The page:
Company start-ups in July were up 11pc over the same month last year to 1,518, according to new figures from Vision-net.ie.
This is the highest number of company start-ups for of July since pre-recession 2007 and works out at almost 49 new companies each day.
Vision-net said the professional services sector was the most popular industry for start-ups in July, accounting for 22pc of new companies, followed by wholesale and retail (10pc) and construction (9pc).
The figures also reveal a 47pc fall in construction company insolvencies compared to July 2013. Dublin was the location of 51pc of company start-ups in July, followed by Cork (8pc) and Limerick (4pc).
Vision-net said industry sectors that experienced high levels of failure during the recession are showing increasingly resilience. In July, insolvencies in the motoring sector fell by 86pc compared to the same time last year, while they were down by 47pc in construction and by 29pc in real estate. Insolvencies in the manufacturing sector have stabilised and remain at the same level as a year ago. However, the wholesale and retail sector remains vulnerable with 31 businesses collapsing during July, a rise of 139pc on the previous year.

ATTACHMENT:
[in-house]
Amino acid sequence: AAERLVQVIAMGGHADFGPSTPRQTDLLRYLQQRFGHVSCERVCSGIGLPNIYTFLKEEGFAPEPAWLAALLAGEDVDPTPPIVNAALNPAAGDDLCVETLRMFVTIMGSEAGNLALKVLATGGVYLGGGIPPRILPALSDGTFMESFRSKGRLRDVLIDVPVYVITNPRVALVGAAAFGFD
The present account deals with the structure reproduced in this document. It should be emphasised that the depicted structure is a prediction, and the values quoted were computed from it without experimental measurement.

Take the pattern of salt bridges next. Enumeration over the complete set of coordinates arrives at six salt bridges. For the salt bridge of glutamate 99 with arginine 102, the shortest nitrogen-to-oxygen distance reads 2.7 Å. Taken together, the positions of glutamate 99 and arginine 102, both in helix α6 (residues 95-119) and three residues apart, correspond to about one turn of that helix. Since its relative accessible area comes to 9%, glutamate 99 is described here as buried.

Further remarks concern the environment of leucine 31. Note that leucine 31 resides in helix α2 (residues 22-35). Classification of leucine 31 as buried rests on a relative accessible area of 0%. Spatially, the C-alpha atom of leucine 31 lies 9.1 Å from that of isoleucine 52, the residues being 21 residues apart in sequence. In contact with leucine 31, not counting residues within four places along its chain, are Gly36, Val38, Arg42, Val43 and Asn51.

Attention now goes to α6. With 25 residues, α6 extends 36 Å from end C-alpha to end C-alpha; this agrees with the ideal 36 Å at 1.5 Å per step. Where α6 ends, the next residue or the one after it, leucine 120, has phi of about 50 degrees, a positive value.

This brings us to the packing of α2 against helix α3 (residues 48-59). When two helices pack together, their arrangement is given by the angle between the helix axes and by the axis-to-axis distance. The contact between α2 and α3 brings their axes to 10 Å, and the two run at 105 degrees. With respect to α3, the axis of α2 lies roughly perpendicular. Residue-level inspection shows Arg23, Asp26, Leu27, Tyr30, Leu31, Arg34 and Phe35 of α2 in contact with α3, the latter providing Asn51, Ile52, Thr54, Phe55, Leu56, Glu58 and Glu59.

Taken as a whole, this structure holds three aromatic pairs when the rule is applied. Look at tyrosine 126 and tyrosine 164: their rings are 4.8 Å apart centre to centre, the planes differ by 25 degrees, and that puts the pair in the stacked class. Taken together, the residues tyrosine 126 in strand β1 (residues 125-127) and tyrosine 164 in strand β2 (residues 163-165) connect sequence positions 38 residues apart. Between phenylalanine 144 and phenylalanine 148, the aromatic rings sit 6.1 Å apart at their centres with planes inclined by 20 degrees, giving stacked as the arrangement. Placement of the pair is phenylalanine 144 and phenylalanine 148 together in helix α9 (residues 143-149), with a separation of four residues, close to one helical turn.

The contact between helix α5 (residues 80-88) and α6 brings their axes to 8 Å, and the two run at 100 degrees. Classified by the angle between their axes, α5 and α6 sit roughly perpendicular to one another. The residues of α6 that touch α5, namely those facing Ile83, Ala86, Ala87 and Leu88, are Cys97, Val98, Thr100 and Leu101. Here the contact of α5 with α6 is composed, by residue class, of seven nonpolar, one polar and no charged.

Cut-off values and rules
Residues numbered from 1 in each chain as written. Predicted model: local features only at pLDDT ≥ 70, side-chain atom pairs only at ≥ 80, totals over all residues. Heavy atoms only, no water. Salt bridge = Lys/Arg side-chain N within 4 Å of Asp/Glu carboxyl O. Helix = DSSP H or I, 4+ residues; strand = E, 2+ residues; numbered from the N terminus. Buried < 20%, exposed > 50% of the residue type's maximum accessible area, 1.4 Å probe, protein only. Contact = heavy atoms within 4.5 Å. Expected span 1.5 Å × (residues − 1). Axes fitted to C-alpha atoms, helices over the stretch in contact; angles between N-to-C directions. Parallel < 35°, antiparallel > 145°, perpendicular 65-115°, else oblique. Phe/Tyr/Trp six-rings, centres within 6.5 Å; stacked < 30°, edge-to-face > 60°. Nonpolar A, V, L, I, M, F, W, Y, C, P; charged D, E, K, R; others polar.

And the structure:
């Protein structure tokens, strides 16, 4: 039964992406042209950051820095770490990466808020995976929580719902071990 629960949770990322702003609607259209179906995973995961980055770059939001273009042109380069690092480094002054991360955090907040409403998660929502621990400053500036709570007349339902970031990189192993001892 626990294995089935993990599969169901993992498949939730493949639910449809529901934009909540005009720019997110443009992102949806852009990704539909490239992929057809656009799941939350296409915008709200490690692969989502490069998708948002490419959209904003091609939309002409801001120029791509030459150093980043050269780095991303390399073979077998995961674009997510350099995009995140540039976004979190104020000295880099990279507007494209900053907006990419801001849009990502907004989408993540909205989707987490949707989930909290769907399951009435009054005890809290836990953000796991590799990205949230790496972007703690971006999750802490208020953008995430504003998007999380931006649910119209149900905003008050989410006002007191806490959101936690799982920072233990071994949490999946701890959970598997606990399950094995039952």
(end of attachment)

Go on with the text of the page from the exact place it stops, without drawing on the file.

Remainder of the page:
Dublin accounted for 46pc of the overall 166 insolvencies nationally in July, followed by Cork with 13pc in Cork and 6pc in Galway. Counties Carlow, Leitrim, Waterford and Longford recorded no insolvencies last month.
In June, meanwhile, a total of 362 bad debt judgements were awarded against consumers and companies, worth €45m. Sixty-seven percent of judgments were awarded against consumers, totalling €43.4m, or 96pc of the overall value of all judgments awarded.
“July’s company start-up figures are the highest seen in that month in seven years and are indicative of greater business confidence,” said Vision-net managing director Christine Cullen. “The strong increase in start-ups will also have a knock-on effect in the wider economy such as in job creation or improving B2B trading.
“This month construction continues to be the sector to watch, having grown to be the third most popular industry for company start-ups. Likewise, a decline in insolvencies in the motoring, construction and real estate sectors is encouraging. This decline indicates that these industries are gradually becoming more resilient. While spending on big ticket items, such as cars or new homes, is beginning to recover, albeit from a low base.”